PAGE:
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The lectin Siglec-G inhibits dendritic cell cross-presentation by impairing MHC class I–peptide complex formation

Nature Immunology volume 17, pages 11671175 (2016) | Download Citation

Abstract

CD8α+ dendritic cells (DCs) are specialized at cross-presenting extracellular antigens on major histocompatibility complex (MHC) class I molecules to initiate cytotoxic T lymphocyte (CTL) responses; however, details of the mechanisms that regulate cross-presentation remain unknown. We found lower expression of the lectin family member Siglec-G in CD8α+ DCs, and Siglec-G deficient (Siglecg−/−) mice generated more antigen-specific CTLs to inhibit intracellular bacterial infection and tumor growth. MHC class I–peptide complexes were more abundant on Siglecg−/− CD8α+ DCs than on Siglecg+/+ CD8α+ DCs. Mechanistically, phagosome-expressed Siglec-G recruited the phosphatase SHP-1, which dephosphorylated the NADPH oxidase component p47phox and inhibited the activation of NOX2 on phagosomes. This resulted in excessive hydrolysis of exogenous antigens, which led to diminished formation of MHC class I–peptide complexes for cross-presentation. Therefore, Siglec-G inhibited DC cross-presentation by impairing such complex formation, and our results add insight into the regulation of cross-presentation in adaptive immunity.

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Acknowledgements

We thank Y. Liu (Children's National Medical Center, Washington) for Siglecg−/− mice; H. Shen (University of Pennsylvania) for LM; H.Nie (Shanghai JiaoTong University) for the B16-OVA cell line; G. Liu (Chinese Academy of Sciences) for the plasmid pKSV7; S. Xu, Z. Jiang for technical assistance; and T. Chen and L. Lu for discussions. Supported by the National Key Basic Research Program of China (2013CB530502 and 2014CB542101), the National Natural Science Foundation of China (81522019, 31390431, 31270966 and 81471567) and the Shanghai Pujiang Program (14PJ1410800).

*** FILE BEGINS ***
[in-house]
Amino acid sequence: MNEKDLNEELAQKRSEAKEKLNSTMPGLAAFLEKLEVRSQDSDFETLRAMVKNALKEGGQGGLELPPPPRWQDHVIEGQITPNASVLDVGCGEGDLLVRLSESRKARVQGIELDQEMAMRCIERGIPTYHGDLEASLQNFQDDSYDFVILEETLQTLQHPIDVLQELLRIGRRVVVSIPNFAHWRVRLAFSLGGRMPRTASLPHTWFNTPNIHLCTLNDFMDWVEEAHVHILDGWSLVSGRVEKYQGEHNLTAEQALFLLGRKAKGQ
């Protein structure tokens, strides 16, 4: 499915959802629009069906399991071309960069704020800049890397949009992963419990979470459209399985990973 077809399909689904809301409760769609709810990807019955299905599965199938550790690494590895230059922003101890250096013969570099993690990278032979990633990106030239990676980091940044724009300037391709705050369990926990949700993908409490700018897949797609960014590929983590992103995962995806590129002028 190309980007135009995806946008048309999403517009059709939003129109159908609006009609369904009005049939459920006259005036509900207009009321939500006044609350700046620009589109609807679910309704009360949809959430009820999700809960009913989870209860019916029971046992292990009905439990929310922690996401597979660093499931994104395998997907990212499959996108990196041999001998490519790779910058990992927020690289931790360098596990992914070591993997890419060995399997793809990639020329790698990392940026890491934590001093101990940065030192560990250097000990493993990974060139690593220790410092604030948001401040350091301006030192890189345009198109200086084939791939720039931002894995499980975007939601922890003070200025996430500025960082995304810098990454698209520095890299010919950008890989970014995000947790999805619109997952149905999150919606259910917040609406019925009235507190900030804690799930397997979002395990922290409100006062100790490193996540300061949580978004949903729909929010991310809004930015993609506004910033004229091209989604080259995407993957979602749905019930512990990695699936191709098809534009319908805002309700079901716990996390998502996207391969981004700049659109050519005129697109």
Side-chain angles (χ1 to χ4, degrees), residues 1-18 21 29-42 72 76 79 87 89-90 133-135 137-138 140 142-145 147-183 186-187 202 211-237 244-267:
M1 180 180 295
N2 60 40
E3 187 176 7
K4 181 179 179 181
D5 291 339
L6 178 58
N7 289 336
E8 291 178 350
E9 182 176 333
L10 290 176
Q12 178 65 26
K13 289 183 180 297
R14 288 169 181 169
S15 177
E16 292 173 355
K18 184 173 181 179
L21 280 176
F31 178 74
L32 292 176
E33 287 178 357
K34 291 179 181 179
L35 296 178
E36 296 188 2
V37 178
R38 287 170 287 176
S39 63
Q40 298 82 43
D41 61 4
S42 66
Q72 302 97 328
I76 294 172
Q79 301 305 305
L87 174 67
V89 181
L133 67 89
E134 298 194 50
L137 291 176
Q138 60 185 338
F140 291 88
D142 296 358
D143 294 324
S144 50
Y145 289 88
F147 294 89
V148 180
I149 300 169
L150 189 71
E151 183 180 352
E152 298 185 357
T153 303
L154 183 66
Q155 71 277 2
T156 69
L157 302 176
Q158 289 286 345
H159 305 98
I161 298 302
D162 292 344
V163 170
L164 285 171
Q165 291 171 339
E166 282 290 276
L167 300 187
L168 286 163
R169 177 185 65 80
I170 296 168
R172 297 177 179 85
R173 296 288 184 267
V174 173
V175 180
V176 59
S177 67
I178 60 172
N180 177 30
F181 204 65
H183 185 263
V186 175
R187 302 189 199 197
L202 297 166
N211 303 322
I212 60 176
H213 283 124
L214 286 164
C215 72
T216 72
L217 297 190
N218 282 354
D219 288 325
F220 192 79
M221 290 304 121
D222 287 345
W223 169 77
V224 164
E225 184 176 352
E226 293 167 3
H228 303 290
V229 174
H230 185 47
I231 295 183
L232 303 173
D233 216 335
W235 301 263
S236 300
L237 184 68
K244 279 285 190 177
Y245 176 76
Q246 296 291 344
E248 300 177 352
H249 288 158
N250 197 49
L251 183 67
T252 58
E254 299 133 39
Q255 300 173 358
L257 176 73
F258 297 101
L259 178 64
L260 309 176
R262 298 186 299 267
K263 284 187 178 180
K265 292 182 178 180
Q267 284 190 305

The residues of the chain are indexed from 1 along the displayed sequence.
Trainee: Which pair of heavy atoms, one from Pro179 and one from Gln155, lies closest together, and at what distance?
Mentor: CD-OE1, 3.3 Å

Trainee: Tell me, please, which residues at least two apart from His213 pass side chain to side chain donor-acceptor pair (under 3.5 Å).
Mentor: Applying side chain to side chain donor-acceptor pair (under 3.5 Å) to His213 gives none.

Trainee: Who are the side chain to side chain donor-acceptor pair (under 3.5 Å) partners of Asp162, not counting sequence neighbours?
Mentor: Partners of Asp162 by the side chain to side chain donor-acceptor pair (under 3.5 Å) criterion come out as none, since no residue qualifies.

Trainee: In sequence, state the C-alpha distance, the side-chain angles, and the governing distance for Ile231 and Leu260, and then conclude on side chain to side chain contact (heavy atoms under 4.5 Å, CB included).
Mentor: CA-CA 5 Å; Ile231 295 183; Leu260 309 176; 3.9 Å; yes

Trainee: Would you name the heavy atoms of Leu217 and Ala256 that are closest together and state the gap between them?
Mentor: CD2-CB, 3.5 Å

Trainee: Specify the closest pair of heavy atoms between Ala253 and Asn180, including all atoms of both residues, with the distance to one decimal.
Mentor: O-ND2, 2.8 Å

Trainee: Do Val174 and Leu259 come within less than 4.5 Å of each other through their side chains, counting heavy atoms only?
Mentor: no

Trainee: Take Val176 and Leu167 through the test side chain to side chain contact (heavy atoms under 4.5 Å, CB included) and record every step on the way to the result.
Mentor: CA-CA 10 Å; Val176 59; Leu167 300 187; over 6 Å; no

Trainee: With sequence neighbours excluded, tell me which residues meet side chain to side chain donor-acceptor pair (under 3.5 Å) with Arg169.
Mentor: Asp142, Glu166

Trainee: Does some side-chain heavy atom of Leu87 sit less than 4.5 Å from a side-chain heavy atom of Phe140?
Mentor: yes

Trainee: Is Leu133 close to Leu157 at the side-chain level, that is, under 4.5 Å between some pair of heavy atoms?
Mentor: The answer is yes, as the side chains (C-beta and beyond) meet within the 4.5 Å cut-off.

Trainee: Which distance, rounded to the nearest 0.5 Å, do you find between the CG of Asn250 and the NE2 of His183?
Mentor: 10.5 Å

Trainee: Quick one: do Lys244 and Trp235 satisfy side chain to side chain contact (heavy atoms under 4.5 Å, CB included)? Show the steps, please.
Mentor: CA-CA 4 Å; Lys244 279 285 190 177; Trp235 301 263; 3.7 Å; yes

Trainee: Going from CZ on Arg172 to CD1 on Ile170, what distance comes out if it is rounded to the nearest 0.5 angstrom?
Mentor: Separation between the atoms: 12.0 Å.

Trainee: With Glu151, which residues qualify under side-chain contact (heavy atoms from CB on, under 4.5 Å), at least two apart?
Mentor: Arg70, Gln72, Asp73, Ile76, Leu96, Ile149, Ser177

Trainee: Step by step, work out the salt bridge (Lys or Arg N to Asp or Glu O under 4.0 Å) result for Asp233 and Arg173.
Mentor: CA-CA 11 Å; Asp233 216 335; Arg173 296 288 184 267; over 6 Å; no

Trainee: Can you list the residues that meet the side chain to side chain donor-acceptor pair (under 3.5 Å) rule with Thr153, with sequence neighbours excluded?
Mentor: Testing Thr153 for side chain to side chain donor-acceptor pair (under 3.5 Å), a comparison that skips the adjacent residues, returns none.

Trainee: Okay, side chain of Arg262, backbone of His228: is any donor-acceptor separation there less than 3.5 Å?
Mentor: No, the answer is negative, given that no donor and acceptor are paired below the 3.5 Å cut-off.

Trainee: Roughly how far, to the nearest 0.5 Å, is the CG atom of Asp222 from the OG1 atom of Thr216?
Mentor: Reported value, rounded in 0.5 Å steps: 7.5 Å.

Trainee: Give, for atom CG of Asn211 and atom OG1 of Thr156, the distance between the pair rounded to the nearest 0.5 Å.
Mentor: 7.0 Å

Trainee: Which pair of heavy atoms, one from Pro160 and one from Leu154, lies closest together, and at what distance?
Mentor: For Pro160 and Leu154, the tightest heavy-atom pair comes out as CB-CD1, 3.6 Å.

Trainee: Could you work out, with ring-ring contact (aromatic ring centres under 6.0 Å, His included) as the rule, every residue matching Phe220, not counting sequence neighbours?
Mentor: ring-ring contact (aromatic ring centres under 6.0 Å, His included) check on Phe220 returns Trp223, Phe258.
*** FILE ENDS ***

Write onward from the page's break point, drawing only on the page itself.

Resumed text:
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Author notes

    • Yuanyuan Ding
    • , Zhenhong Guo
    •  & Yiqi Liu

    These authors contributed equally to this work.

Affiliations

  1. Institute of Immunology, Zhejiang University School of Medicine, Hangzhou, China.

    • Yuanyuan Ding
    • , Yiqi Liu
    •  & Xuetao Cao
  2. National Key Laboratory of Medical Immunology & Institute of Immunology, Second Military Medical University, Shanghai, China.

    • Yuanyuan Ding
    • , Zhenhong Guo
    • , Qian Zhang
    • , Xiongfei Xu
    • , Yan Gu
    • , Yi Zhang
    •  & Xuetao Cao
  3. National Key Laboratory of Medical Molecular Biology & Department of Immunology, Center for Immunotherapy, Institute of Basic Medical Sciences, Peking Union Medical College, Chinese Academy of Medical Sciences, Beijing, China.

    • Yuanyuan Ding
    • , Xia Li
    • , Dezhi Zhao
    •  & Xuetao Cao

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Contributions

Y.D., Z.G., Y.L., X.L. Q.Z., X.X., Y.G., Y.Z., and D.Z. performed the experiments; Y.D., Z.G. and X.C. analyzed data and wrote the manuscript; and X.C. designed and supervised the research.

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The authors declare no competing financial interests.

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Correspondence to Xuetao Cao.

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https://doi.org/10.1038/ni.3535

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